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Consumers (Especially Millennials) Still Significantly Suspicious of CSR Motives: Harris Poll


With reputation a top concern among companies in terms of maintaining and increasing market share, it may come as an unpleasant surprise to find that a large portion of consumers say that when companies develop corporate social responsibility (CSR) programs, they only do so to bolster their image. According to the recently released results of the Harris Poll Reputation Quotient, 40% of consumers say companies are primarily motivated by the publicity possibilities of their environmental and social initiatives and are not truly focused on the actual effectiveness of their efforts. And millennials seem to be the most suspicious of an organization’s motives.

Companies now must be authentic when acting in a “socially responsible manner,” says Wendy Saloman, VP of reputation management and public affairs at The Harris Poll. “Fake it and consumers see right through your ulterior motives, risking negative marks against your corporate reputation.” Still, 45% of consumers still believe that companies develop CSR programs because they believe it is the right thing to do.

According to Harris Poll’s research, employee treatment (39%), ethics (38%) and respectful treatment of customers (35%) are the most important corporate social responsibility issues, followed by providing affordable and accessible products and services (29%) and safety (28%).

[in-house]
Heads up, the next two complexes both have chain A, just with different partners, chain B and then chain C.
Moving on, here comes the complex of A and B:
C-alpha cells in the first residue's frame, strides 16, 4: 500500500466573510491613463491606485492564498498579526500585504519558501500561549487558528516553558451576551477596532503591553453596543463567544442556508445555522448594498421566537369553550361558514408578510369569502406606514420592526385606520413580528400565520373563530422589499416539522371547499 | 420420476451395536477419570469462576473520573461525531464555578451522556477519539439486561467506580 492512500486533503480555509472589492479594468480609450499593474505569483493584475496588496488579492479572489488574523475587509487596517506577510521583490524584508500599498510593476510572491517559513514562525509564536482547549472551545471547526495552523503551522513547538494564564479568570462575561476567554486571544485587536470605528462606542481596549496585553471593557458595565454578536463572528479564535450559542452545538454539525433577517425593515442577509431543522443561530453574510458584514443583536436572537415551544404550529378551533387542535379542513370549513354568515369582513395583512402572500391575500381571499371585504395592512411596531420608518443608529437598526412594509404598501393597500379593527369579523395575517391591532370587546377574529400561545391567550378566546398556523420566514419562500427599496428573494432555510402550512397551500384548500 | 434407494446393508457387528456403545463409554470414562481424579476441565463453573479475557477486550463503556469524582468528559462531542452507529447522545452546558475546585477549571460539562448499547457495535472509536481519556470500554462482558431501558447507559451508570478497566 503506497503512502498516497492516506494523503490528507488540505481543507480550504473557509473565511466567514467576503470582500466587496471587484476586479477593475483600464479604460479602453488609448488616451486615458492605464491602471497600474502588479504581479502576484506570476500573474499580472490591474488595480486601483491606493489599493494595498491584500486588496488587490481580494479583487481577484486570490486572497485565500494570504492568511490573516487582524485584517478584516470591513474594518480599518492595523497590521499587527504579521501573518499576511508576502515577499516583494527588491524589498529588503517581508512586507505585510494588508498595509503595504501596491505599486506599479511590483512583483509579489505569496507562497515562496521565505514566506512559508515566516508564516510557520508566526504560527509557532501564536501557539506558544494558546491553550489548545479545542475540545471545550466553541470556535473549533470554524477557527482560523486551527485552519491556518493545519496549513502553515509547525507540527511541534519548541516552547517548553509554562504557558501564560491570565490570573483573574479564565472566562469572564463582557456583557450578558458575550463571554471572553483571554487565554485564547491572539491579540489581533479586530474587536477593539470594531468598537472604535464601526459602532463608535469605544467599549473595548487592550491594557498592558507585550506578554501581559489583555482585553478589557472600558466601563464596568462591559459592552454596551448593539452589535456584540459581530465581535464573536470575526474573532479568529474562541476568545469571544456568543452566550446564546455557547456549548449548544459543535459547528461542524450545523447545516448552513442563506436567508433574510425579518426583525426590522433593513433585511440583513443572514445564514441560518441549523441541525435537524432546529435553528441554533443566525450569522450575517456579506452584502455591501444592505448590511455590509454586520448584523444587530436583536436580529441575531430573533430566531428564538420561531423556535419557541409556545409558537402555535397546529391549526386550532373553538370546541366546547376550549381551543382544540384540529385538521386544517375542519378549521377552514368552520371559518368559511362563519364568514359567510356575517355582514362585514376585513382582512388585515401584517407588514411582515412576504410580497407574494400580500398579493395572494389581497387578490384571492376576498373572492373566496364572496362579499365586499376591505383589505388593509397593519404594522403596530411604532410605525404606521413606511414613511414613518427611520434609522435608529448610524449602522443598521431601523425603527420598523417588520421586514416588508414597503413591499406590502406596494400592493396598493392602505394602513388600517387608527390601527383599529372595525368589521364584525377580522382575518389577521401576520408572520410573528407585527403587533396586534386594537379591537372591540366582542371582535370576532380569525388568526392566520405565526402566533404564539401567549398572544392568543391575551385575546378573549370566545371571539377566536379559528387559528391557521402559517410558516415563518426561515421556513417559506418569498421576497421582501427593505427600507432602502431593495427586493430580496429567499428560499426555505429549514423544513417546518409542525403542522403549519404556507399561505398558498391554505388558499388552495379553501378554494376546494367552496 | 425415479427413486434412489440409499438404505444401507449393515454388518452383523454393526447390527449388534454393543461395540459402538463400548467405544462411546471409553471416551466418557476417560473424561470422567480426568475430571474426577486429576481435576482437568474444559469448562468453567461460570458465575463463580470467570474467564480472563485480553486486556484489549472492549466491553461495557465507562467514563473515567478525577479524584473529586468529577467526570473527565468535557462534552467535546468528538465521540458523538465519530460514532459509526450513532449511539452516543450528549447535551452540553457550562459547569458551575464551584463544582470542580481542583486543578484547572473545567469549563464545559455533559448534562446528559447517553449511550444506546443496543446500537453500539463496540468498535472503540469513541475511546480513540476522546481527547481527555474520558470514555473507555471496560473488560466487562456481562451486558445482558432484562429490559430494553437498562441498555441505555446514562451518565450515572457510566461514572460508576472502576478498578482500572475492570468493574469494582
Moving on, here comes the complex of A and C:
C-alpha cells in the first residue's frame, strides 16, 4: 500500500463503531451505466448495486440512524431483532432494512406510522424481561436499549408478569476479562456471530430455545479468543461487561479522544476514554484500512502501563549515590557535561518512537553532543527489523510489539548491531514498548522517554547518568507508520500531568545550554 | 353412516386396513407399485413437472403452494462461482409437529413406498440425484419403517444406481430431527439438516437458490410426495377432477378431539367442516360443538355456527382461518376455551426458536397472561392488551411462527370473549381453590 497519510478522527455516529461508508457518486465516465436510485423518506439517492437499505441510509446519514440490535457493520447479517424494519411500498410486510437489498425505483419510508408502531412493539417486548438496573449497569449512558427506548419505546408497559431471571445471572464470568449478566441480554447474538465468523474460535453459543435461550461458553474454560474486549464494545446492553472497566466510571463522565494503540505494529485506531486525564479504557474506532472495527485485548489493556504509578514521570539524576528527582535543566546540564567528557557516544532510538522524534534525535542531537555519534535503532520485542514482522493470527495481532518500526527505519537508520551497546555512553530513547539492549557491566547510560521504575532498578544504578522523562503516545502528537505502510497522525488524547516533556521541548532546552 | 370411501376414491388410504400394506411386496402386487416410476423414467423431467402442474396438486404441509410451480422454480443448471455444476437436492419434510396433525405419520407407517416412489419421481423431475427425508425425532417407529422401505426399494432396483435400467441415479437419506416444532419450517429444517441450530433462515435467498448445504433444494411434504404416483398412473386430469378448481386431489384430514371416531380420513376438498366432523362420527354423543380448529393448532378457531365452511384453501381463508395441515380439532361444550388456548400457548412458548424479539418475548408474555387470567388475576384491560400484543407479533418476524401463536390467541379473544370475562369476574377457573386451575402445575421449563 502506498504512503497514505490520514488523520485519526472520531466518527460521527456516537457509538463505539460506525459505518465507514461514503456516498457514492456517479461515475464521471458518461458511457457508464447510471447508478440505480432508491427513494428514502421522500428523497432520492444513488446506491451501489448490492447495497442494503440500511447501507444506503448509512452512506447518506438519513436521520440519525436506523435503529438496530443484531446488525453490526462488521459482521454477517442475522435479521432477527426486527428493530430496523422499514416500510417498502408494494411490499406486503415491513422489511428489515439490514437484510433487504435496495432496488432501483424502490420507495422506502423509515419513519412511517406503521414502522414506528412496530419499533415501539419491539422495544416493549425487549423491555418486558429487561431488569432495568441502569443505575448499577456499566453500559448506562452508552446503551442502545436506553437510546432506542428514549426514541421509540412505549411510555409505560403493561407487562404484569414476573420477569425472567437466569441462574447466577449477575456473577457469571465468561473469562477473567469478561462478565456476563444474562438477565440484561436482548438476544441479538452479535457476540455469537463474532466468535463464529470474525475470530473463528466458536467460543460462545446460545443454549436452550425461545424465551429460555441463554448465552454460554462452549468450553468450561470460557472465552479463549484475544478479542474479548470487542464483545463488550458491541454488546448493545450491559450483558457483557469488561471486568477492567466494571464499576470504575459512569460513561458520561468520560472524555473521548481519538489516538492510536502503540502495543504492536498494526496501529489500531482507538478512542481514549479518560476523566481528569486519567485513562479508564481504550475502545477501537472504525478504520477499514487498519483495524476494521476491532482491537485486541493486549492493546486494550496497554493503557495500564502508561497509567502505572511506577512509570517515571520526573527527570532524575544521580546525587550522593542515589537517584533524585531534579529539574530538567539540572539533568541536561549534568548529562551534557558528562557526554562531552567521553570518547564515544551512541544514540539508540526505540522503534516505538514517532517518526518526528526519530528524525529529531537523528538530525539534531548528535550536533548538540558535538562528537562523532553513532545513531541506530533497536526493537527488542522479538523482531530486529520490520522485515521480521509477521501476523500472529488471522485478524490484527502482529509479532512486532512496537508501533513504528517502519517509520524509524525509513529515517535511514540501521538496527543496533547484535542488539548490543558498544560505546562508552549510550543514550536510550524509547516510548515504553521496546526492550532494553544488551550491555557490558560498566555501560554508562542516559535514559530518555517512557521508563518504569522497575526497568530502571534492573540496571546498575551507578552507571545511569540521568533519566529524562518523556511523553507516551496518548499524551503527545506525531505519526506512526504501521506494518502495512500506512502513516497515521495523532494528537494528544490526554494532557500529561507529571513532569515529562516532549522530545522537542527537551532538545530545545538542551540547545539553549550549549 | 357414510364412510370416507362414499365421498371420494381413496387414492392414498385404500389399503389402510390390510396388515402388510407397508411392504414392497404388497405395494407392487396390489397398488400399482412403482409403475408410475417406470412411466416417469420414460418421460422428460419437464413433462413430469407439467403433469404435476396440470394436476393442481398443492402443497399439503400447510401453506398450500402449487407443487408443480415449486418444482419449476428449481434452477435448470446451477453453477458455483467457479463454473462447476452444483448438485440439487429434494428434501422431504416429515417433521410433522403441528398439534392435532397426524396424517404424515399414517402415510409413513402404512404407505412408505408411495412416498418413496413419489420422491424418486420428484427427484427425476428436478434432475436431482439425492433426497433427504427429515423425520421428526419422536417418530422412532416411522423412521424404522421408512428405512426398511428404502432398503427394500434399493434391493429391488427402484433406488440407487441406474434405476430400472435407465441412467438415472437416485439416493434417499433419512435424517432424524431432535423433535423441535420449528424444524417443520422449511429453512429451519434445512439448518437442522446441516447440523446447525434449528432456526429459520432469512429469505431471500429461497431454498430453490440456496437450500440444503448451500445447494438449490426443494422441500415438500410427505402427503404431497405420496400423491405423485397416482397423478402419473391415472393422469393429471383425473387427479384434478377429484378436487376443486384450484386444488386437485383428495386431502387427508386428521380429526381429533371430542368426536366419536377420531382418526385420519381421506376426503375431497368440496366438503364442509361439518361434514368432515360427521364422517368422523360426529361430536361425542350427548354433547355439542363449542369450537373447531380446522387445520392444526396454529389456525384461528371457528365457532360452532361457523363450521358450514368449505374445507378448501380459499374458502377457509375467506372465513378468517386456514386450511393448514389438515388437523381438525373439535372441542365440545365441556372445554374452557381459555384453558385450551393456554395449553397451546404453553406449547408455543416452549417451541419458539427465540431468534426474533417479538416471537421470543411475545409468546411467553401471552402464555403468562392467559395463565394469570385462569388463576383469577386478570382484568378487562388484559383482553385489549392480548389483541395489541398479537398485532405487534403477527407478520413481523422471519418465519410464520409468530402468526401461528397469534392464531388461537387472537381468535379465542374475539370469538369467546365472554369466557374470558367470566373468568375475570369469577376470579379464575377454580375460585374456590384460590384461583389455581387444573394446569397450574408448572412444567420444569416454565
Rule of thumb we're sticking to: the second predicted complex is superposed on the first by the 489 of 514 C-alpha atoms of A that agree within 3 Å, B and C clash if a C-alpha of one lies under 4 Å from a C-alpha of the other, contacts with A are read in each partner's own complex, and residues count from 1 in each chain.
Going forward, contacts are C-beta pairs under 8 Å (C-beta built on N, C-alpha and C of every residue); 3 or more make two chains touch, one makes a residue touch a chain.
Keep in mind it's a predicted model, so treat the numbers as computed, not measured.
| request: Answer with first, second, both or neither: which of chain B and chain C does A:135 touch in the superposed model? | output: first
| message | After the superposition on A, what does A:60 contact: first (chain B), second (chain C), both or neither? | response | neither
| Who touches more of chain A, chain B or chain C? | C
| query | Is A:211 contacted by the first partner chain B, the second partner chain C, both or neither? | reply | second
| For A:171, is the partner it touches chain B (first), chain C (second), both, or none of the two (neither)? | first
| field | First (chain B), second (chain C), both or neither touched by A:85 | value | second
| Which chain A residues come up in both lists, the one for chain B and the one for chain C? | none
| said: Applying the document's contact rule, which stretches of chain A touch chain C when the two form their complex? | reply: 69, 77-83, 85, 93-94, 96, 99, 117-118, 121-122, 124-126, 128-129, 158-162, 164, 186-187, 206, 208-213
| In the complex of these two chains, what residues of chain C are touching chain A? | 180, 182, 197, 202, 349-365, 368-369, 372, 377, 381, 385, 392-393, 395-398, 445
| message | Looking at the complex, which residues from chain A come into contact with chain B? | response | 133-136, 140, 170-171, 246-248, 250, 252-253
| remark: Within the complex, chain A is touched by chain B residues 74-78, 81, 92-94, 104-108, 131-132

Recent corporate reputation crises – including Samsung and Volkswagen – may have led consumers to see employee treatment, ethics, providing affordable products, and safety as top concerns. “Although the poll was conducted before United Airlines’ passenger issue, respectful treatment of customers was already among the top social responsibility matters vital to consumers,” Saloman says. With this in mind, companies will want to closely watch how they show respect to customers, she suggests.

According to the poll, the top 10 social responsibility rankings are:
Publix Super Markets
Tesla Motors
L.L. Bean
Walt Disney Company
Whole Foods Market

The 10 least responsible, according to the poll, are:
Wells Fargo & Co.
Goldman Sachs
Volkswagen Group
Bank of America

It is difficult to really excel in CSR in the eyes of consumers, according to poll numbers. Only eight of the 100 companies measured achieved “excellent” CSR ratings this year; while this is the most ever in the 18 years Harris Poll has measured CSR as a major dimension of corporate reputation, it falls far from expectations. Last year, four companies received “excellent” social responsibility ratings; in 2010, zero companies. This year marks Publix Super Markets’ third consecutive year with an “excellent” social responsibility rating and it is Wegmans’ second time in the category. USAA has achieved “excellent” ratings three times overall, and it’s the second consecutive year for USAA and Amazon. Companies making their “excellent” social responsibility rating debuts are Tesla, Lowe’s, UPS and L.L. Bean.

Millennials are significantly more likely to proactively try to influence family and friends’ perceptions about a company because of something they learned about how the company conducts itself, compared to baby boomers: 41% of millennials say they do this, compared to just 25% of baby boomers.

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